Sense of Humor Helps Recovery

Rolling Stones guitarist and admitted addict Keith Richards once said, “I’ve never had a problem with drugs. I’ve had problems with the police.” As bizarre as the joke may sound, having a sense of humor while in a difficult situation is actually good for you. In fact, there are both anecdotal and scientific data helps prove that some humor can actually be healthy during recovery.

The Science

First, let’s look at the scientific perspective.

The chemistry in the brain for drug abuse and humor actually has common traits. The euphoria of being “high” originates when a spike in neurotransmitters (dopamine) causes the brain to perceive the addictive behavior as a rewarding experience. It provides a rush of pleasure and reinforces repetition of the activity.

Both cocaine and laughter produce dopamine in similar ways. Stanford University researchers discovered that “when test subjects reacted to funny cartoons, their laughter lit up the same brain reward circuitry as cocaine.” [1] In many ways, they both create a feeling of being high.

In recovery, humor is viewed as a healthy activity. The phrase “fake it until you make it” is often associated with Alcoholics Anonymous. The theory goes that if during times of distress you imagine you feel happiness, you will gain the tools and experience to actually become happy. This leads us to the exploration of the less scientific aspect of humor during recovery.

The Reality

As children, we learn how to soothe ourselves and endure uncomfortable emotions and situations. Most addicts do not have the skills to deal with distressing situations or intense frustration, so they turn to drugs to escape.

The late comedy legend Robin Williams admitted he had an addiction to alcoholism and spent several stints in rehabilitation. He always said he dealt with his abuse issues with humor and levity.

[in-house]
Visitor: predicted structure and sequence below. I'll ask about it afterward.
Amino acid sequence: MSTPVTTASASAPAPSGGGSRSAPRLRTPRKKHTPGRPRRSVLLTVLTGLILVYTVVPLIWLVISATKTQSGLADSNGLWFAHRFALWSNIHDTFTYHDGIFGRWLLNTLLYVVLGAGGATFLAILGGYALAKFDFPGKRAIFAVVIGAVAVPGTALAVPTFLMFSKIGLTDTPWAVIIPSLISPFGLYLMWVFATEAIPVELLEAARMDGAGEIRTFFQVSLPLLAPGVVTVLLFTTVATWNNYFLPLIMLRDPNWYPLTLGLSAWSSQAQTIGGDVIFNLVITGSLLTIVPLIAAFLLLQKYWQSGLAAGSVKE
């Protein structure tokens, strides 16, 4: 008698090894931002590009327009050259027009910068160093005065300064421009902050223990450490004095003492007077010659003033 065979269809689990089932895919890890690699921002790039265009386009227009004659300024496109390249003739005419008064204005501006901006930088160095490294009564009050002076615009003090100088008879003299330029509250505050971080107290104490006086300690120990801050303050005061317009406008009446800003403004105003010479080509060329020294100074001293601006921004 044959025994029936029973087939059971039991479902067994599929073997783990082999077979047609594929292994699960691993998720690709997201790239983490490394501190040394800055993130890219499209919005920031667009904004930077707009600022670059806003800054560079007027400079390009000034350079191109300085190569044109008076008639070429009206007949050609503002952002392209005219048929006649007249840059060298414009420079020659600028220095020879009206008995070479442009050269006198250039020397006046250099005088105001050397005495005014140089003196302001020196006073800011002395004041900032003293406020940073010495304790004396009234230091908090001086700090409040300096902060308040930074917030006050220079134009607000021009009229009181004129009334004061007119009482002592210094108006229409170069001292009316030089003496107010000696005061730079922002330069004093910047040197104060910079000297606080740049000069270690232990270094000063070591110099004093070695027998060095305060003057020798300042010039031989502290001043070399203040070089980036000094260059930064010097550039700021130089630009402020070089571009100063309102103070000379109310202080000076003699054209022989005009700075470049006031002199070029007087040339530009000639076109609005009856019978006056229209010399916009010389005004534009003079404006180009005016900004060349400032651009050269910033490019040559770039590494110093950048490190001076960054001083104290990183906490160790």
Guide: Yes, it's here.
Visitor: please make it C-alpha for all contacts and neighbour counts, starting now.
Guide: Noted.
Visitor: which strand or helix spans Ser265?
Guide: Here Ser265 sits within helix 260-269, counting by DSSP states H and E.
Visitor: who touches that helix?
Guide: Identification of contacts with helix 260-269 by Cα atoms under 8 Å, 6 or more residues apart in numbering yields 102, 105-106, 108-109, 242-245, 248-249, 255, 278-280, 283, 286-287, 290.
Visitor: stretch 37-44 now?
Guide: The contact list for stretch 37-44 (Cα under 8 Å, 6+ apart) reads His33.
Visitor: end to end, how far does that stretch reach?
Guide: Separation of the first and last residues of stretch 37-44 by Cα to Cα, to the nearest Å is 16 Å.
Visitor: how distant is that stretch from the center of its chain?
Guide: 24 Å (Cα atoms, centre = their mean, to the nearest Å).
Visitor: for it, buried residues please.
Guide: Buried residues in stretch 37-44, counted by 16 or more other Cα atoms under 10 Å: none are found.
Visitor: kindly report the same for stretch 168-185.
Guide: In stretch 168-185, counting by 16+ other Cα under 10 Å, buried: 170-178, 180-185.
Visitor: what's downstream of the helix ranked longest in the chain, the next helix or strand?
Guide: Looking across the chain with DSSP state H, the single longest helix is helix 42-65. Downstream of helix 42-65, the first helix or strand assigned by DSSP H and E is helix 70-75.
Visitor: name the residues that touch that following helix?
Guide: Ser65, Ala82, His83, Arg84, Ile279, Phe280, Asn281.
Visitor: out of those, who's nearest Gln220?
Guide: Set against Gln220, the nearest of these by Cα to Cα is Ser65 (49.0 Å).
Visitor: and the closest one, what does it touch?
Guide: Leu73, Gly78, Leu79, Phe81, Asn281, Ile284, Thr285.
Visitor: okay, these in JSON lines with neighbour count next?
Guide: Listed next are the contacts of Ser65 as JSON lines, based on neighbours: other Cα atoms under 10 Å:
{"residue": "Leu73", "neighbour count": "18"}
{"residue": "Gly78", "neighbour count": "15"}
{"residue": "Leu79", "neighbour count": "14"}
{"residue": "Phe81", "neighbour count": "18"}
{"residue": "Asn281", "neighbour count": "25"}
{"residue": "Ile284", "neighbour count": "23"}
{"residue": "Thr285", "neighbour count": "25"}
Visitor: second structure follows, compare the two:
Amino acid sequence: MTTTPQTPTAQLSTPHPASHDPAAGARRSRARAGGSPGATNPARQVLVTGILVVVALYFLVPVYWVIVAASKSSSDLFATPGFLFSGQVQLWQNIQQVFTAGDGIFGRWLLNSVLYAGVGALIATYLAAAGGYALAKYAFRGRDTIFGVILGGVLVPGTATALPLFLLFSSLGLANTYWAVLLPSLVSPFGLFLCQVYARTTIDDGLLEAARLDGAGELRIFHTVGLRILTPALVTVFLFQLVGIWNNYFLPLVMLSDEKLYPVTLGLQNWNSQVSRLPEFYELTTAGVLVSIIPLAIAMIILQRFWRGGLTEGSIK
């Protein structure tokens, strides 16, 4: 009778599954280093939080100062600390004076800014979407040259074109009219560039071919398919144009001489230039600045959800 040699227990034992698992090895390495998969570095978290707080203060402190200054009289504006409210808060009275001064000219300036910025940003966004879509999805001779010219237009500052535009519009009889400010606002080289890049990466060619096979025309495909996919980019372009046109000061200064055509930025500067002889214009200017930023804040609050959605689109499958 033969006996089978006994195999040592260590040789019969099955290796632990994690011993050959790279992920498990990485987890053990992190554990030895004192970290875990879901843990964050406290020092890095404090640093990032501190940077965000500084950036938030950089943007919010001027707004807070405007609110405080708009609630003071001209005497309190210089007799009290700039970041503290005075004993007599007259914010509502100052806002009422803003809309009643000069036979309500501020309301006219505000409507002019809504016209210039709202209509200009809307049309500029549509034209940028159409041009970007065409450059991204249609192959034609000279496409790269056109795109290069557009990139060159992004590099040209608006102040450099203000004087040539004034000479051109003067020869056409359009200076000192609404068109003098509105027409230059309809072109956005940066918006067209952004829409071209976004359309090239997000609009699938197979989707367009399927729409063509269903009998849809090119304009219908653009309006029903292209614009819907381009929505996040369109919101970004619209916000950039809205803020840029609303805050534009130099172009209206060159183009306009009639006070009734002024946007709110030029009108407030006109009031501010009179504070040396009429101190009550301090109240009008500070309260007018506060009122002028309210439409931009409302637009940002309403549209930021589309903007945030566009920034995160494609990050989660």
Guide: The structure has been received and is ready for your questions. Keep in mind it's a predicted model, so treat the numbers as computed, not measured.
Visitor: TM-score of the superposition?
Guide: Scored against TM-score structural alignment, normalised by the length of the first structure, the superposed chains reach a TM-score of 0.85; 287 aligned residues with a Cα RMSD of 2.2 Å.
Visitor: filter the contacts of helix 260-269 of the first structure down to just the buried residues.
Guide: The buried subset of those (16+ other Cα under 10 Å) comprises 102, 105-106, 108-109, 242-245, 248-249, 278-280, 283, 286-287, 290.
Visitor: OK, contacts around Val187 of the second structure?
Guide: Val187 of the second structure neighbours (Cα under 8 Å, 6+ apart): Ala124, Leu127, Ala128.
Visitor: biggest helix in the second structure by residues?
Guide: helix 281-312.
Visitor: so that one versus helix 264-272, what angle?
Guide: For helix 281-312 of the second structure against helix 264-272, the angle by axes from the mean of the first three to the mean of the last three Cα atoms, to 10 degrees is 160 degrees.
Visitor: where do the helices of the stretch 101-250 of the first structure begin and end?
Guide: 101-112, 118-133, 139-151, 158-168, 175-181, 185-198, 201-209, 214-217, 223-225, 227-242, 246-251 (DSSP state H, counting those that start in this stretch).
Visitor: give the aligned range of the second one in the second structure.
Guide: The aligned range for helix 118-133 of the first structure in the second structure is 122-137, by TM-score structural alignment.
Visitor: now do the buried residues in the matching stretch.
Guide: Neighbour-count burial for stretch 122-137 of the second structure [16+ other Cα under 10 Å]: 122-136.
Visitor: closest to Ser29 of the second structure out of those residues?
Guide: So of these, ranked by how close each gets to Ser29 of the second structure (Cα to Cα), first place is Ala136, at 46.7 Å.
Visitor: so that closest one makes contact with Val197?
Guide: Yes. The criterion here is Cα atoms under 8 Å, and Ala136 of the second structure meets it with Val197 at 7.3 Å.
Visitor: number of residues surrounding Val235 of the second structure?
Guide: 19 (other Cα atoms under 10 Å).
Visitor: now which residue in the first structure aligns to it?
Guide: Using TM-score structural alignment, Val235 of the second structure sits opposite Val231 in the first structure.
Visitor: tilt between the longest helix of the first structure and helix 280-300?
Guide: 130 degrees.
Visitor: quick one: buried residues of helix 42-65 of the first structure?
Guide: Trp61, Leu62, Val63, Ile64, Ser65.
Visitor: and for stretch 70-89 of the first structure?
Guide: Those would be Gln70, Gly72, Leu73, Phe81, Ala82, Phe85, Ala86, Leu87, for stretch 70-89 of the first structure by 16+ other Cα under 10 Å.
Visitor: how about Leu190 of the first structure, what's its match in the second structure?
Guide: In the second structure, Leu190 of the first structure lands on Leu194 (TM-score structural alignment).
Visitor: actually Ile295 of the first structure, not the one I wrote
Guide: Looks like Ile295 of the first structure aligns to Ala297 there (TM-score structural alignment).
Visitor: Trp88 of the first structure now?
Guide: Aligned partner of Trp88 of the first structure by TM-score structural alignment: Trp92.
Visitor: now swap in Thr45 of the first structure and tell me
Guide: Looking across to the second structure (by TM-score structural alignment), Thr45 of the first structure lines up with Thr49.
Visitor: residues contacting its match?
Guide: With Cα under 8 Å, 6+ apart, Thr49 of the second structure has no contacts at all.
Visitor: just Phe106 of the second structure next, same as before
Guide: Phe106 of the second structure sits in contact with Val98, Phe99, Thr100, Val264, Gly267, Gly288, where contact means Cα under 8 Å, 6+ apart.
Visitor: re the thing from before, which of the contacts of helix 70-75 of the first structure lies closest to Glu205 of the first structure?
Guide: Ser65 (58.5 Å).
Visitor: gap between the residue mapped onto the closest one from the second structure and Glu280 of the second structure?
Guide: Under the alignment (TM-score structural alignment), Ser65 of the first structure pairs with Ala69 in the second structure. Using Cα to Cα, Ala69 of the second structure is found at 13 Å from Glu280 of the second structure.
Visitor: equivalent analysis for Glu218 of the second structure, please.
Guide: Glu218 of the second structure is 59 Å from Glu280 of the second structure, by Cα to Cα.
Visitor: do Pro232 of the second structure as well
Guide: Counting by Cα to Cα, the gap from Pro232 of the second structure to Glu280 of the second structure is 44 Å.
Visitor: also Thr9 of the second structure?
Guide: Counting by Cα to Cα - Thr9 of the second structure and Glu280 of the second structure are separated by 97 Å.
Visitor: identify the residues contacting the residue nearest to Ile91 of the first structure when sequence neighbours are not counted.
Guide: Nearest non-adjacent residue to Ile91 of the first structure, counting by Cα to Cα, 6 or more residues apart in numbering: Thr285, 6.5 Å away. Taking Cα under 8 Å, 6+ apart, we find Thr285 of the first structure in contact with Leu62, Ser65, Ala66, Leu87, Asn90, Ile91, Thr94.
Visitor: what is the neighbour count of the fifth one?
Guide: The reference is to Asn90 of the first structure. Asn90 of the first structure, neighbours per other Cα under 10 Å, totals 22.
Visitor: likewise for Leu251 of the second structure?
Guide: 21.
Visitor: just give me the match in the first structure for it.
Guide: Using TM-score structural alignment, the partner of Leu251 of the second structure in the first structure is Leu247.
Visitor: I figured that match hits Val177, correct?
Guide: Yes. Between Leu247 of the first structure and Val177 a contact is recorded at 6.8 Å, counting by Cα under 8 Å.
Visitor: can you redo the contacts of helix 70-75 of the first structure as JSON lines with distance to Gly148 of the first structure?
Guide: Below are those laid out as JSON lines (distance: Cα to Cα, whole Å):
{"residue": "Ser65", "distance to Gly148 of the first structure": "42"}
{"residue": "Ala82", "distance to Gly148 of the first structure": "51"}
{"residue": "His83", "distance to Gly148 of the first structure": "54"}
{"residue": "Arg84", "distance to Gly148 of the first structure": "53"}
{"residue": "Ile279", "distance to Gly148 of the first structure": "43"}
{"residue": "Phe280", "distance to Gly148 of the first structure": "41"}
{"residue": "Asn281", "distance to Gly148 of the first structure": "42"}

Robin Williams is an example that finding an amusing perspective of substance abuse may not alter the circumstances of the addiction, but it can affect the perspective of the negative consequences and provide a moment of light heartedness.

Experts in the field view laughter as a drug-free option that has a useful place in recovery and therapy. Unlike much of the extreme and necessary work required during the rehabilitation process, humor can lighten the mood. Even more exciting is that in a group setting, humor can be productive and beneficial in encouraging social interaction.

A joyful experience can also become a calming influence. Research has shown that when people laugh, they “produce brain wave frequencies similar to that of a true state of meditation.” [2] This concept has received strong support and led to the creation of “Laughter Yoga” by Dr. Madan Kataria, a physician from Mumbai, India. Studies on Laughter demonstrate it has a positive influence on individuals with addictive behavior by “lowering the level of stress hormones in the body.” [3]

Recovering addict and professional comedian, Mark Lundholm believes “humor does three things: It removes shame, it lessens the threat of a topic should you choose to discuss it, and it invites trust.” [4] He now combines his past abuse experiences with his comedic wit to help countless addicts with his shows.